Part 1 of 4
Long had this obsessed me. To come to this moment at a city council work session where something as mundane as the redrawing of a lease for the fair board could answer a question unanswerable until that moment. And perhaps unanswerable still.
On an obscure portion of an obscure document, a legal description set the eastern boundary of the Marshall County Fairgrounds as Juganine Creek. I stared at the word. I saw nothing else but it.
I said it aloud and everybody looked at me. Talk stopped.
“It says Juganine Creek,” I feebly said.
“Yeah?” the mayor asked. “So?”
“So I never knew the name.”
“There’s lots of things you don’t know,” he said.
The meeting resumed.
But what was discussed was lost to me as I mentally chewed on the word. Juganine. I’d always wanted the perennial creek separating the westernmost two streets from Blue Rapids proper to have some melodic name, something lyrical and poetic, and instead I got something that sounded like a cheap brand of rotgut, or that had evolved from some other entity or form. Jug of nine. Jug o’nine. Jugonine. Juganine.
Not what I expected. Not what I wanted.
What I wanted was to walk the Pecos River from the snowfields of Pecos Baldy above Santa Fe to its confluence with the Rio Grande northwest of Del Rio, Texas. It was a tall order and one I had no idea how to manage. Nor did I own a justification for so audacious an undertaking, other than my youth, and inexperience, and dreams of a larger world than that which hemmed me. Maybe it was about knowing both the beginning and the end of something in a life that seemed an inexplicable synthesis of absolutes and uncertainties.
A boy’s life is more about longing than fulfillment. Things desired seem utterly out of reach, much like stepping down 900 miles of river on an illogical quest. And what did I know of the river? That it formed from snowmelt high above timberline, and that once I had straddled it and heard its inceptive music, and from which height I could see it widen as it gathered other waters to itself, and that I imagined its many long windings and meanderings as it crossed the only two states I loved. That I watched my father stand in its current and cast white-winged flies that enticed from the unseen depths creatures with vibrant rainbow flanks and eyes forever open to their liquid worlds. That I stood on its tamarisk-lined bank near Imperial, Texas, surprised at its narrowness, its insubstantiality, thinking that after so many miles a river should have grown into something fierce and sprawling, and disappointed somewhat that the river, like myself, had remained small and inconsequential.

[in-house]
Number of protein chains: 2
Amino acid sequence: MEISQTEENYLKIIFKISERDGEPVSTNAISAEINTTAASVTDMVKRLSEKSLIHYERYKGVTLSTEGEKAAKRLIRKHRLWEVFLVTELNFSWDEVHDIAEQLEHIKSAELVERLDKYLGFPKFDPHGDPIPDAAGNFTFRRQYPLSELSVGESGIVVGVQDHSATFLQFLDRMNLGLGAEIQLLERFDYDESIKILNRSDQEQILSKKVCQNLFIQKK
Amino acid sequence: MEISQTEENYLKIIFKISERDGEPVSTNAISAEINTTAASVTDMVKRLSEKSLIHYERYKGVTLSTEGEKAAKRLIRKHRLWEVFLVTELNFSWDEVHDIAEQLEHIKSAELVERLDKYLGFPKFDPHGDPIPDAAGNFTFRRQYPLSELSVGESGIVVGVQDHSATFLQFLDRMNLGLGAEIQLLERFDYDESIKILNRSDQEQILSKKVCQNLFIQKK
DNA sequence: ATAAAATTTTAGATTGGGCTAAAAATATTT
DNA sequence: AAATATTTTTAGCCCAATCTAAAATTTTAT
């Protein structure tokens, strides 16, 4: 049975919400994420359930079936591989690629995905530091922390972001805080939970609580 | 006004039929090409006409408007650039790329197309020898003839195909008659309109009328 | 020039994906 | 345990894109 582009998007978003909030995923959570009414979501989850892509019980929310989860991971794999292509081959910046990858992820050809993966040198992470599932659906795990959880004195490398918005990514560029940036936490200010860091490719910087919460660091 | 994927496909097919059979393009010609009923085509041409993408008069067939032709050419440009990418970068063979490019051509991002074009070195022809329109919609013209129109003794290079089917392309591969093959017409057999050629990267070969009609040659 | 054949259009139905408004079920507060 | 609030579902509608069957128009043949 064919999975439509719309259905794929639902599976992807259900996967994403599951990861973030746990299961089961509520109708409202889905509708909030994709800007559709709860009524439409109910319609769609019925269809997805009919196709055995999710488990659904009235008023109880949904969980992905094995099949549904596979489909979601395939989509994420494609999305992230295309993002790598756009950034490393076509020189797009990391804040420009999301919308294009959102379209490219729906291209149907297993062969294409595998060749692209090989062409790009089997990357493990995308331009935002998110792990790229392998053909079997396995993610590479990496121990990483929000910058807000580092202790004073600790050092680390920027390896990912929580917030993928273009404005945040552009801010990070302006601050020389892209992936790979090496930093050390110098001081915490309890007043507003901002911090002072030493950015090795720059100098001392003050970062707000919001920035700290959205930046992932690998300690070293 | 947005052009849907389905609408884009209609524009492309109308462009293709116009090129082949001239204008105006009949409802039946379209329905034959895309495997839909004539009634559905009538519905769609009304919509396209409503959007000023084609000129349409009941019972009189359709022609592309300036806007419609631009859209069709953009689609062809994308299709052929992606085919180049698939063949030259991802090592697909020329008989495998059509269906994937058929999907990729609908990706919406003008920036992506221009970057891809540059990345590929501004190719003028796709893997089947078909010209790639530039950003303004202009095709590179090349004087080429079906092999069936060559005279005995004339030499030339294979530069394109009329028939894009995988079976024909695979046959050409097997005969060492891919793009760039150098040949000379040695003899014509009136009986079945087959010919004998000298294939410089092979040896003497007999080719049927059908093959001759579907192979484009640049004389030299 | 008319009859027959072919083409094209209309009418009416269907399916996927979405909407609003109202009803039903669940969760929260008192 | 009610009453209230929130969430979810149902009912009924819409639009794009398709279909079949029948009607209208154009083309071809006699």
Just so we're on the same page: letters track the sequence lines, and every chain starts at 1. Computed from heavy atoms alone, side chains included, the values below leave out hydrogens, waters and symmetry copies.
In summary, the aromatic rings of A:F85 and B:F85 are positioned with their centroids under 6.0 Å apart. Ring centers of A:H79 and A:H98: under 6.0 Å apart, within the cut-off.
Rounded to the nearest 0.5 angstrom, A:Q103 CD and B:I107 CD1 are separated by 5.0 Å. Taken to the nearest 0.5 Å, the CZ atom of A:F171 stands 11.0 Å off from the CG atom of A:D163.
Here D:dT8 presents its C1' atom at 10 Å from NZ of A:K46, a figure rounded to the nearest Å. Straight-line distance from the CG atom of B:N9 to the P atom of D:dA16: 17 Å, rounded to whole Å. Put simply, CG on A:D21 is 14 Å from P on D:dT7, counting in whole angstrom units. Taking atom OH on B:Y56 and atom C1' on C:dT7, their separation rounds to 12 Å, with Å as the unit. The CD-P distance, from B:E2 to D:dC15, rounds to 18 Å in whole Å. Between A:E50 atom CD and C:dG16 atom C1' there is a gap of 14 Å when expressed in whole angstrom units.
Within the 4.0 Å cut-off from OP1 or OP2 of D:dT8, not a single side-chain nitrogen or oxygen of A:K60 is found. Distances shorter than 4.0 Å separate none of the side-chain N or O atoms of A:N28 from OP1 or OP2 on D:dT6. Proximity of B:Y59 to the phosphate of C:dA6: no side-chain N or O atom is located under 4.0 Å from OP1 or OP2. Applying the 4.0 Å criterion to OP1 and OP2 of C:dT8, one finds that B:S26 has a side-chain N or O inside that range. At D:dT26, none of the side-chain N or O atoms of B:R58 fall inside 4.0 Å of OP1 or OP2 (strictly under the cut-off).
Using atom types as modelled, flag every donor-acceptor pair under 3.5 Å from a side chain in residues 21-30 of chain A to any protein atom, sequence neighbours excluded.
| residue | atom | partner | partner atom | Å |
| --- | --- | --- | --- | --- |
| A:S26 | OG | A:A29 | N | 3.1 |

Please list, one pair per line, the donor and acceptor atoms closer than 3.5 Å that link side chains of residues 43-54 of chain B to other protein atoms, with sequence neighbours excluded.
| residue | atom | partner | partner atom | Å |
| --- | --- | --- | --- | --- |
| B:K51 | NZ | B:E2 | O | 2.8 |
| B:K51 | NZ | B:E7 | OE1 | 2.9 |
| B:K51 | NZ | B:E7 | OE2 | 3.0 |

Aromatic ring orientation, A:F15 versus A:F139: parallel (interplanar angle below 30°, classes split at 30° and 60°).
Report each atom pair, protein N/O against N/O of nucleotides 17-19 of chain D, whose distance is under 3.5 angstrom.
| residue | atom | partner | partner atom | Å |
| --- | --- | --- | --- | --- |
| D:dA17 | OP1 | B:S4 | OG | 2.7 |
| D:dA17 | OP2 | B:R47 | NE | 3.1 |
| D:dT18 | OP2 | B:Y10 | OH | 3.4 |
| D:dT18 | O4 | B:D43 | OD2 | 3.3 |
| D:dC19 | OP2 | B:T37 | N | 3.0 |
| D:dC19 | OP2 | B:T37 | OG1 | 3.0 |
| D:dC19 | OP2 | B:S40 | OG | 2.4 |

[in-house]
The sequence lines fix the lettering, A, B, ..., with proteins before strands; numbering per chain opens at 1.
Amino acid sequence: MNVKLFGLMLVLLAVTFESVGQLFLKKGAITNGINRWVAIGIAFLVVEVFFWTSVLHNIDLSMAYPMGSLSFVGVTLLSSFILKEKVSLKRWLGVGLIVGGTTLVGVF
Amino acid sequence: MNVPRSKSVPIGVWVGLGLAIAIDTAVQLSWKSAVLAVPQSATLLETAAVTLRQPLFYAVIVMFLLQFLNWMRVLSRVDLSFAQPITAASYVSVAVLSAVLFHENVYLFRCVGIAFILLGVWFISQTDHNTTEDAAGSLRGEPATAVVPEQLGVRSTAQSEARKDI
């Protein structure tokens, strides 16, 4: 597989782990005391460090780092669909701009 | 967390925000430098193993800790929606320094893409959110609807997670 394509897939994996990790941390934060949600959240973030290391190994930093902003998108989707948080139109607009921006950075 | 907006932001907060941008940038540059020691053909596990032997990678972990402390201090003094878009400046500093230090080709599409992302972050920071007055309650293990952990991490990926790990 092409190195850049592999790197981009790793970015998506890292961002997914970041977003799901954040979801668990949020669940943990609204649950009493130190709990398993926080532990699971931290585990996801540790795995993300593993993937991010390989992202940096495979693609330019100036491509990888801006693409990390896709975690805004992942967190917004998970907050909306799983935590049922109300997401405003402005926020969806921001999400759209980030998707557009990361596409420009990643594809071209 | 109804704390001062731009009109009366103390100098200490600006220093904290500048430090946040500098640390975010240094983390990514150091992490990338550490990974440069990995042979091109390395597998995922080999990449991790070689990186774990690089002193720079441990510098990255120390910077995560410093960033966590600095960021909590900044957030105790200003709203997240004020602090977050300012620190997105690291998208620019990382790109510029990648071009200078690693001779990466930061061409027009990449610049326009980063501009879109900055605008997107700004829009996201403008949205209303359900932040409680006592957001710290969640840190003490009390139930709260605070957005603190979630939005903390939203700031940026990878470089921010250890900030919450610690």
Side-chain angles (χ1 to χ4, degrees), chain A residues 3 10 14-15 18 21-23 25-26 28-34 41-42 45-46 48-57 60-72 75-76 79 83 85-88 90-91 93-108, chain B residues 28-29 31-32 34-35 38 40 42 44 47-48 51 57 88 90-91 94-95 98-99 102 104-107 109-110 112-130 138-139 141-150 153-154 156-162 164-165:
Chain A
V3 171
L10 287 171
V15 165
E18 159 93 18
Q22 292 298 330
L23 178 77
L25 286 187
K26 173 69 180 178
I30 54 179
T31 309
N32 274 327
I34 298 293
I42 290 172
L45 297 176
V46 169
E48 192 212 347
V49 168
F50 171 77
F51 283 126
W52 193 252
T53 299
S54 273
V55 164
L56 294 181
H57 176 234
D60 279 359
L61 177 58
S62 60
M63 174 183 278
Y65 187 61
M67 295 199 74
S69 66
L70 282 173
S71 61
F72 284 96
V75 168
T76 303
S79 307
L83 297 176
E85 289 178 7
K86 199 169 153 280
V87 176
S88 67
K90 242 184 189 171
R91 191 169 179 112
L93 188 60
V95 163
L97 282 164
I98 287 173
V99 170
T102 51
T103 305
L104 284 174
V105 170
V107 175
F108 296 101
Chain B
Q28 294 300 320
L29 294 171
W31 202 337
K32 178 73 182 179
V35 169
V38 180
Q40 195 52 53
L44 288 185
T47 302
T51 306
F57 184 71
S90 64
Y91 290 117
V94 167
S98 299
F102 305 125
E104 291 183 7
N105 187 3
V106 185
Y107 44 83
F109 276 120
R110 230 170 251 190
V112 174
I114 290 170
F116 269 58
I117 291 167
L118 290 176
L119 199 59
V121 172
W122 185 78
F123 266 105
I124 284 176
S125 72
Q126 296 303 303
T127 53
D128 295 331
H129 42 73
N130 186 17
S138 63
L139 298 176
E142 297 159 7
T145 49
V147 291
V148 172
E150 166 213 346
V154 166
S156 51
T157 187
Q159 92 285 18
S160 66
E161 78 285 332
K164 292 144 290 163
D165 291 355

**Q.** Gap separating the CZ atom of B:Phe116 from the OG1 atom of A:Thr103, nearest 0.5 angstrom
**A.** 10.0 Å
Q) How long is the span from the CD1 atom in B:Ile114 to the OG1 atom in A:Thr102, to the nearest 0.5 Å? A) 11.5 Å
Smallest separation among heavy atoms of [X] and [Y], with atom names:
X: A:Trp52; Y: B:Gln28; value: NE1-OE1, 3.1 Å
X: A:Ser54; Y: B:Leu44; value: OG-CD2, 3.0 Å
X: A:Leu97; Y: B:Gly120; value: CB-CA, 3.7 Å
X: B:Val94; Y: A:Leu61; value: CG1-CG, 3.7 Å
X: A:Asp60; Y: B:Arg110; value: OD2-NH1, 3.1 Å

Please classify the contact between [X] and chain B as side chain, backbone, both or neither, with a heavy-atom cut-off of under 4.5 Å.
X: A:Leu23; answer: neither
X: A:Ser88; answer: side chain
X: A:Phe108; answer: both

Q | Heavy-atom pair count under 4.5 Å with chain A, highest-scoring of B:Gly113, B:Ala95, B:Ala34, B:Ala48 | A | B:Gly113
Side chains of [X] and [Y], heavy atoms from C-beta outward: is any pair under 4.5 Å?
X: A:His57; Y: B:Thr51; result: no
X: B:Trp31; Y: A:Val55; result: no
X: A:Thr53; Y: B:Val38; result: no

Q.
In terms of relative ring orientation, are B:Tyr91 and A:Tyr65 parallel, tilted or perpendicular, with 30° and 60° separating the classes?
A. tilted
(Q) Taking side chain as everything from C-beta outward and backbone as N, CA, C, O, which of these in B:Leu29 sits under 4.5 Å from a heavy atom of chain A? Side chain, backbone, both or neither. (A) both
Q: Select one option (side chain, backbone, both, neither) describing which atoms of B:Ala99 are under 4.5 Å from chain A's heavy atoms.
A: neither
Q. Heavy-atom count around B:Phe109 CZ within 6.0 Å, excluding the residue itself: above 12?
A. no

I knew that it flowed under the bridge near the small town of San Jose halfway between Glorietta and Las Vegas, where one could look northward to the tall barren peaks of the Pecos Mountains and southward onto the vast plains where junipers gave way to scrub and cattle and sunblasted stone. That the immense midsection of the river’s length would probably be eternally unknown to me. And that knowing wounded me, for though at that age my dreams were congealing into recognizable forms, they were already bitter with the certitude of impossibilities.
Some gifted people hold these dreams as challenges, and ultimately fulfill them; the rest of us simply let them go and try not to let their loss cripple us. Or, little by little, we pare them down to manageable levels. A few years ago I stood at the confluence of Elm Creek and the Blue Earth River and remembered the dream and wondered if I could resurrect it on a more local plane. If I could turn my back on the river and walk down the creek’s birthplace. If that would suffice. And I never did.
In the Blue Rapids community center I read the name Juganine Creek, unfolded my metaphorical knife, and whittled the dream down. Not 900 miles now, but two at the most. A microcosm of the Pecos. It was the best I could manage.
“What’s in a name?” Juliet would have us imagine it to be no more than another word, a string of letters without weight or history. I’m not so sure. What images are conjured when hearing of the Yellowstone River, the Colorado, the Mississippi, or, in Kansas, the Republic, the Smoky Hill, the Big Blue? Of course I’m discussing a little no-name feeder creek that’s dry most of the year, but still…
For the first time in my life I searched Google for something and came up empty. In all of cyberspace, out of trillions of bits of data, there was not one reference to the name “Juganine.”
Which makes the name suspect. There is no Juganine in any of the early deeds, no founding father who carried the title. The 1904 plat map of Blue Rapids shows no scribbled meandering of a creek, only the boxy rectangles of property lines. It’s as if it never existed, or was considered of so little importance that the mapmaker could dismiss it out of hand.
Nor is there a Juganine listed in the Geographic Names Information System, the nation’s official repository of domestic geographic names and information. Out of 16,887 place-names in Kansas, there is nothing corresponding to the creek.
But a name, whether real or artificial, had been dropped in my lap. A boyhood romance rekindled. It was not time to ponder bitter impossibilities or failures, but to act. I slipped binoculars around my neck, grabbed a hiking stick, and set off for the source. It was time to fulfill a dream.
(To be continued)